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Grenfell survivors and bereaved tell of impact fire has had on their lives

The Grenfell Tower in west London after the fire in which 72 people died (Steve Parsons/PA)
The Grenfell Tower in west London after the fire in which 72 people died (Steve Parsons/PA)

Emotional testimonies from a bereaved father and disabled survivor of the Grenfell fire have been made in front of organisations held by many of those affected as being responsible for the disaster.

The father of a baby stillborn following the blaze described the life his son could have had, telling the firms: “This is what you have taken away from me.”

Grenfell Testimony Week began in London on Tuesday, after an agreement reached last year for a global settlement of compensation claims made by people affected by the 2017 fire.

A legal hearing in May 2023 was told there had been a settlement of about 900 cases and a global sum of about £150 million compensation agreed.

Organisers of the four-day event said it is being held to give the bereaved, survivors and residents an opportunity to “speak directly to representatives from the defendant organisations that many of them hold responsible for the fire”.

Opening the testimonies, Marcio Gomes spoke of the blissful family life he and his loved ones have been robbed of – as he told “a story” about his son Logan Gomes.

At times tearful and pausing to compose himself, he described his family’s excitement at the arrival of their “prince”, the “magical and mesmerising” cry of a newborn and the milestone first steps that had been missed.

His son would by now have celebrated his sixth birthday, he added.

Looking directly at representatives from companies associated with the tower, as well as the council and Government, who sat silently to his right, he said: “This is what Logan’s life would’ve been.

“This is what our lives would’ve been like.”

He added: “This is what you have taken away from me.”

Dangerous cladding removal
The 2017 blaze at Grenfell Tower, in north Kensington, killed 72 people (Jonathan Brady/PA)

Mr Gomes and his wife Andreia Perestrelo were expecting their third child on August 21 2017, but Logan was stillborn in hospital following the blaze.

The couple lived with their two daughters in the North Kensington tower for 10 years, and all four narrowly escaped the blaze.

Representatives from Celotex, Exova, London Fire Brigade, Kingspan, the Royal Borough of Kensington and Chelsea (RBKC), Rydon, and Whirlpool Corporation all accepted invitations to be present at testimony week, alongside representatives from the Home Office and Ministry of Housing, Communities and Local Government.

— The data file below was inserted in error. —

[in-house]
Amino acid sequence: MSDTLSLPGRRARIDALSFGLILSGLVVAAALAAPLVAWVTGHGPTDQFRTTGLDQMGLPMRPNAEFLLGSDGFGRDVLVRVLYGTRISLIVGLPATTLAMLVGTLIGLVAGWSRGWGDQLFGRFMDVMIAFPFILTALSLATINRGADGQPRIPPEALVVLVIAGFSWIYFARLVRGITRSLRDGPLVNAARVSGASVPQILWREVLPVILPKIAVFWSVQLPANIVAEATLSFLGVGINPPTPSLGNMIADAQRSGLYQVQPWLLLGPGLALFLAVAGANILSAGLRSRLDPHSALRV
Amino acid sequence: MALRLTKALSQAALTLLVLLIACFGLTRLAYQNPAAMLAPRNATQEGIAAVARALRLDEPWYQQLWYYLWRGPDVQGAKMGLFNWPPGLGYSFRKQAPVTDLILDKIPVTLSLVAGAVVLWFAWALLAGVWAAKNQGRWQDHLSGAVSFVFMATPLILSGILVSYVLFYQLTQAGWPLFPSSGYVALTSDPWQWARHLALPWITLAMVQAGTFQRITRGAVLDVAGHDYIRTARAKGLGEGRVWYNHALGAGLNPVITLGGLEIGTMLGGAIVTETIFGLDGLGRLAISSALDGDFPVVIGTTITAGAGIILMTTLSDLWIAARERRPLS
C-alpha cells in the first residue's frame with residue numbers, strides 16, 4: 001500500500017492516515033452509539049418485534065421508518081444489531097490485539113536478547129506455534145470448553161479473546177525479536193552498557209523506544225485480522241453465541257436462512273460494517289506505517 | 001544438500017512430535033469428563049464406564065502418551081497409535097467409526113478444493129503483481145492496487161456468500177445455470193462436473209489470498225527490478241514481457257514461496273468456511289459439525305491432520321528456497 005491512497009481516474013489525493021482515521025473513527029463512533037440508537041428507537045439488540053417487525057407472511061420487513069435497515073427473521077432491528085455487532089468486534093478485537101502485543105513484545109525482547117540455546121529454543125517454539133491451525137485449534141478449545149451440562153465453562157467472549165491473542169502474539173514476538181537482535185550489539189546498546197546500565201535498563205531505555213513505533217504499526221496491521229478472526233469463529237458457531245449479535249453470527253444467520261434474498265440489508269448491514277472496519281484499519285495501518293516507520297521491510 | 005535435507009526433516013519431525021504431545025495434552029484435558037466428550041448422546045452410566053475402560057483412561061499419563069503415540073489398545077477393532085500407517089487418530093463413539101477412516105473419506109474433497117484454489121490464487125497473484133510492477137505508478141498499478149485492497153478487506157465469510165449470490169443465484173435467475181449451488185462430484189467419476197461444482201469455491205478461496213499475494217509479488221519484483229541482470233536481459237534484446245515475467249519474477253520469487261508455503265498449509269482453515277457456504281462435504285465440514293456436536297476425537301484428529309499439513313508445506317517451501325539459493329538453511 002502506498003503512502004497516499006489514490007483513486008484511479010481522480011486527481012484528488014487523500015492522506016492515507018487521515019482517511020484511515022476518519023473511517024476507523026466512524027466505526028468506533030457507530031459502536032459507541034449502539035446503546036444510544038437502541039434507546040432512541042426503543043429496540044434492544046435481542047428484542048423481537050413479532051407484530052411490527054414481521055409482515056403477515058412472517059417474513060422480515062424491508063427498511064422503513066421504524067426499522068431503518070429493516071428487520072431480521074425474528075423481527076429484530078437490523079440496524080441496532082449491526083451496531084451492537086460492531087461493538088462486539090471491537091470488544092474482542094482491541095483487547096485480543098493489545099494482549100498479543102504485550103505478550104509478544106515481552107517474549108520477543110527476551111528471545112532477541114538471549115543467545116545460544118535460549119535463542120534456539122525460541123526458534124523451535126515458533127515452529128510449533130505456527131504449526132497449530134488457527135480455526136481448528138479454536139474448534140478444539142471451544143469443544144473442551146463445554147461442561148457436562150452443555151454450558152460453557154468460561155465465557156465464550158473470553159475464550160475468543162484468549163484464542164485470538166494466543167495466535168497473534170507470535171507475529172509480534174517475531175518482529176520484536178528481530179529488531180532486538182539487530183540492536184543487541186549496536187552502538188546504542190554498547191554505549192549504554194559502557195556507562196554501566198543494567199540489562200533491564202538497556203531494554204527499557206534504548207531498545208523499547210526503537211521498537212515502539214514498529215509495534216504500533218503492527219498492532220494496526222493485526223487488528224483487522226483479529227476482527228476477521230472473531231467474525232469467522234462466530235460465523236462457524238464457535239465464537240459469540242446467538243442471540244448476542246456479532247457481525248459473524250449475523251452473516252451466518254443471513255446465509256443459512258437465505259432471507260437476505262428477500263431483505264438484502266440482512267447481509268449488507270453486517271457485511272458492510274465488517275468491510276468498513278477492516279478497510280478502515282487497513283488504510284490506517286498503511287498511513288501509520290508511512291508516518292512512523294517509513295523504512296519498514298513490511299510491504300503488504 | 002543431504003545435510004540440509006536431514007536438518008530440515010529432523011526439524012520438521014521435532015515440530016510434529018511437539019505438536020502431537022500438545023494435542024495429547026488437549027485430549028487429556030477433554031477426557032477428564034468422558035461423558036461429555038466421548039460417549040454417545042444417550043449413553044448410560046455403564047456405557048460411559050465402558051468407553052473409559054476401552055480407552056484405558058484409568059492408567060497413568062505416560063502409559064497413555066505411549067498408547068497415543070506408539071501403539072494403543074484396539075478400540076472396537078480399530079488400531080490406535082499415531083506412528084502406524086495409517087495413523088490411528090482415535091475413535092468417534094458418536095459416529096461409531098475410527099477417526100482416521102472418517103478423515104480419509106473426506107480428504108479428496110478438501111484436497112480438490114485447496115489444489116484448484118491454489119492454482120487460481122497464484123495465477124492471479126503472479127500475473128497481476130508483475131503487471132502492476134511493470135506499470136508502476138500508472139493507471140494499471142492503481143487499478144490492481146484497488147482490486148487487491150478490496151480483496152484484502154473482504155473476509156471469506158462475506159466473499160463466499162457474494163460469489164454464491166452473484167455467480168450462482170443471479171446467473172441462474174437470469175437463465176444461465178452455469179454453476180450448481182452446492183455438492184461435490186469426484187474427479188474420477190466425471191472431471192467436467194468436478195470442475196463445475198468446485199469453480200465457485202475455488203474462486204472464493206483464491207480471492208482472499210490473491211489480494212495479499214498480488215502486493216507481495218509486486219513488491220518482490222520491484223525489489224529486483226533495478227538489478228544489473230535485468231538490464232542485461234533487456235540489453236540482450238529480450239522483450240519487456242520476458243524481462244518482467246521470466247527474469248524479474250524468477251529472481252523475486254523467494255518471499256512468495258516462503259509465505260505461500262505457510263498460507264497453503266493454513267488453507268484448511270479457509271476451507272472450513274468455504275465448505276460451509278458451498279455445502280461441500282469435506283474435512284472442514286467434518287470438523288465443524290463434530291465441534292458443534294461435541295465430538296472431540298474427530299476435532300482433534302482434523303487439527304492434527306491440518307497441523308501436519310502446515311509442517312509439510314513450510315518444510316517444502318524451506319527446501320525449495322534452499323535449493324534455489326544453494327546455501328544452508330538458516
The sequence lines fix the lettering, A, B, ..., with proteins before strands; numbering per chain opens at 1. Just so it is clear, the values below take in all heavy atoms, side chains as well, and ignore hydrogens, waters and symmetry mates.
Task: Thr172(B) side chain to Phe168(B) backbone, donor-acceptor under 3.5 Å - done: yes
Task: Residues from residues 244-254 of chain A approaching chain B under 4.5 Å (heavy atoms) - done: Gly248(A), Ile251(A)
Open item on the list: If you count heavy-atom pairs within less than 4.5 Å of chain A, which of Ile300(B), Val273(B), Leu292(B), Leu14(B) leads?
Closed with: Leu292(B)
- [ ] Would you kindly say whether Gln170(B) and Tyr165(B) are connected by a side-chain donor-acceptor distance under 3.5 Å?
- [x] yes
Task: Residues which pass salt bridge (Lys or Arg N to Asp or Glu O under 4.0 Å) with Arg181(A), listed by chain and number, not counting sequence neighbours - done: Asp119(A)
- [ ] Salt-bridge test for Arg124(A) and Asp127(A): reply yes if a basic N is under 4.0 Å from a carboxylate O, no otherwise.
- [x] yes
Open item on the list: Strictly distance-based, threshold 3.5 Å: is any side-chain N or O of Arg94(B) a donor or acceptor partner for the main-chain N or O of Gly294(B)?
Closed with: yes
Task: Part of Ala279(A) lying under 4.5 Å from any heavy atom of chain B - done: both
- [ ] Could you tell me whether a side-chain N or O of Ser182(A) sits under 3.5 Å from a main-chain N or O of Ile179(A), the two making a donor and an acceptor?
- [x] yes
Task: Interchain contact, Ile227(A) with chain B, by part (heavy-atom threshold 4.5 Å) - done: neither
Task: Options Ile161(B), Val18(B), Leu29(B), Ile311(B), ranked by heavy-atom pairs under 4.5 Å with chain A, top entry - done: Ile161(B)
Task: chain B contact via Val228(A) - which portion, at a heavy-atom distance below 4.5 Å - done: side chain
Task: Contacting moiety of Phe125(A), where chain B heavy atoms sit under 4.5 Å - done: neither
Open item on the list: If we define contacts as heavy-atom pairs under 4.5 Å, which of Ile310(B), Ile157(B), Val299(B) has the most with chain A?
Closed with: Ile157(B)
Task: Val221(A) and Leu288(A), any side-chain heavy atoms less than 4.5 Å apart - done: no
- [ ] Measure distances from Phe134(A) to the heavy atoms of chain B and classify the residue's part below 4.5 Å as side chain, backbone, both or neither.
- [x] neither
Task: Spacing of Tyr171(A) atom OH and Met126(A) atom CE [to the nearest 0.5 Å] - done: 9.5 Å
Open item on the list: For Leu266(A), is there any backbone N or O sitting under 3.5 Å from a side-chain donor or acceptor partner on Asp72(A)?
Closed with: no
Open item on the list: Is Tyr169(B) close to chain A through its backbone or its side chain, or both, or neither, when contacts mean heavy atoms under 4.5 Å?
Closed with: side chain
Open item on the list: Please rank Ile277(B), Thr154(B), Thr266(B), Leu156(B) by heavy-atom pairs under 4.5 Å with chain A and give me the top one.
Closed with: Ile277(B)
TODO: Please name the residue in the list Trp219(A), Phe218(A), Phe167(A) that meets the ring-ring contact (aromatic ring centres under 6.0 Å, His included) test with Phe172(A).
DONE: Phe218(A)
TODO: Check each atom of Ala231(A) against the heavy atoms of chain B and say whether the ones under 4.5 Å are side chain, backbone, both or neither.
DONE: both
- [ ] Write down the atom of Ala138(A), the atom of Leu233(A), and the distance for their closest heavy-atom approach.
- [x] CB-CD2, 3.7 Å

Arconic, which supplied the cladding on the outside of the tower, said it has made a “significant financial contribution to fund the organisation” of testimony week but regrets that no representatives could attend.

Organisers stated that testimony week is “completely independent of, and has no impact upon, the ongoing Grenfell Tower Inquiry”.

Inquiry chair Sir Martin Moore-Bick was among those gathered at Church House in Westminster to listen to the testimonies, sitting alongside lead counsel to the inquiry, Richard Millett KC.

A film of excerpts from the inquiry’s hearings was played at Tuesday’s event, entitled “I don’t recall”.

During the audio various people from RBKC, Rydon, Kingspan, Celotex, Arconic and former Government minister Lord Eric Pickles were heard saying they could not recall when asked questions during the inquiry.

A clip of Lord Pickles, who was secretary of state at the Department for Communities and Local Government (DCLG) between 2010 and 2015, noting how much of his time the inquiry was taking up was also included.

Other testimonies included from Emma O’Connor, who lived on the 20th floor of the tower and managed to escape with her partner on the night of the fire.

Ms O’Connor, who is disabled, said: “I still struggle every day with survivor’s guilt.”

An actor read a statement by Behailu Kebede, in whose flat the fire began.

Mr Kebede has been cleared of any blame by the inquiry into the disaster, but in his statement he told of the “deep shame” that remains with him and the pain he feels about what happened.

He spoke of the “special place” Grenfell had been for him before the fire, but described how he felt he had to “hide away” after what happened because of media attention, and how the ongoing sense of trauma kept him from attending testimony week.

He said those responsible had failed to admit any fault in the immediate aftermath, leading to “division and confusion” among victims about where blame lay.

This could have been avoided, he said, had the “wealthy” and “powerful” organisations been open about their roles in what had happened.

Before the testimonies the names of all those who died in the fire were read aloud, followed by a 72-second silence – one for each life lost.

A statement from the Grenfell Next of Kin group, which said it represents some of those involved in the settlement, said some had “actively chosen not to attend testimony week or participate in the proceedings” and that there is “anger and a deep sense of betrayal in the way this event has come about”.

It said: “It has caused tremendous hurt and harm for those who should be at the forefront of this tragedy. The immediate family members, the mothers, the fathers, sons, daughters, brothers, sisters and the husbands and wives.”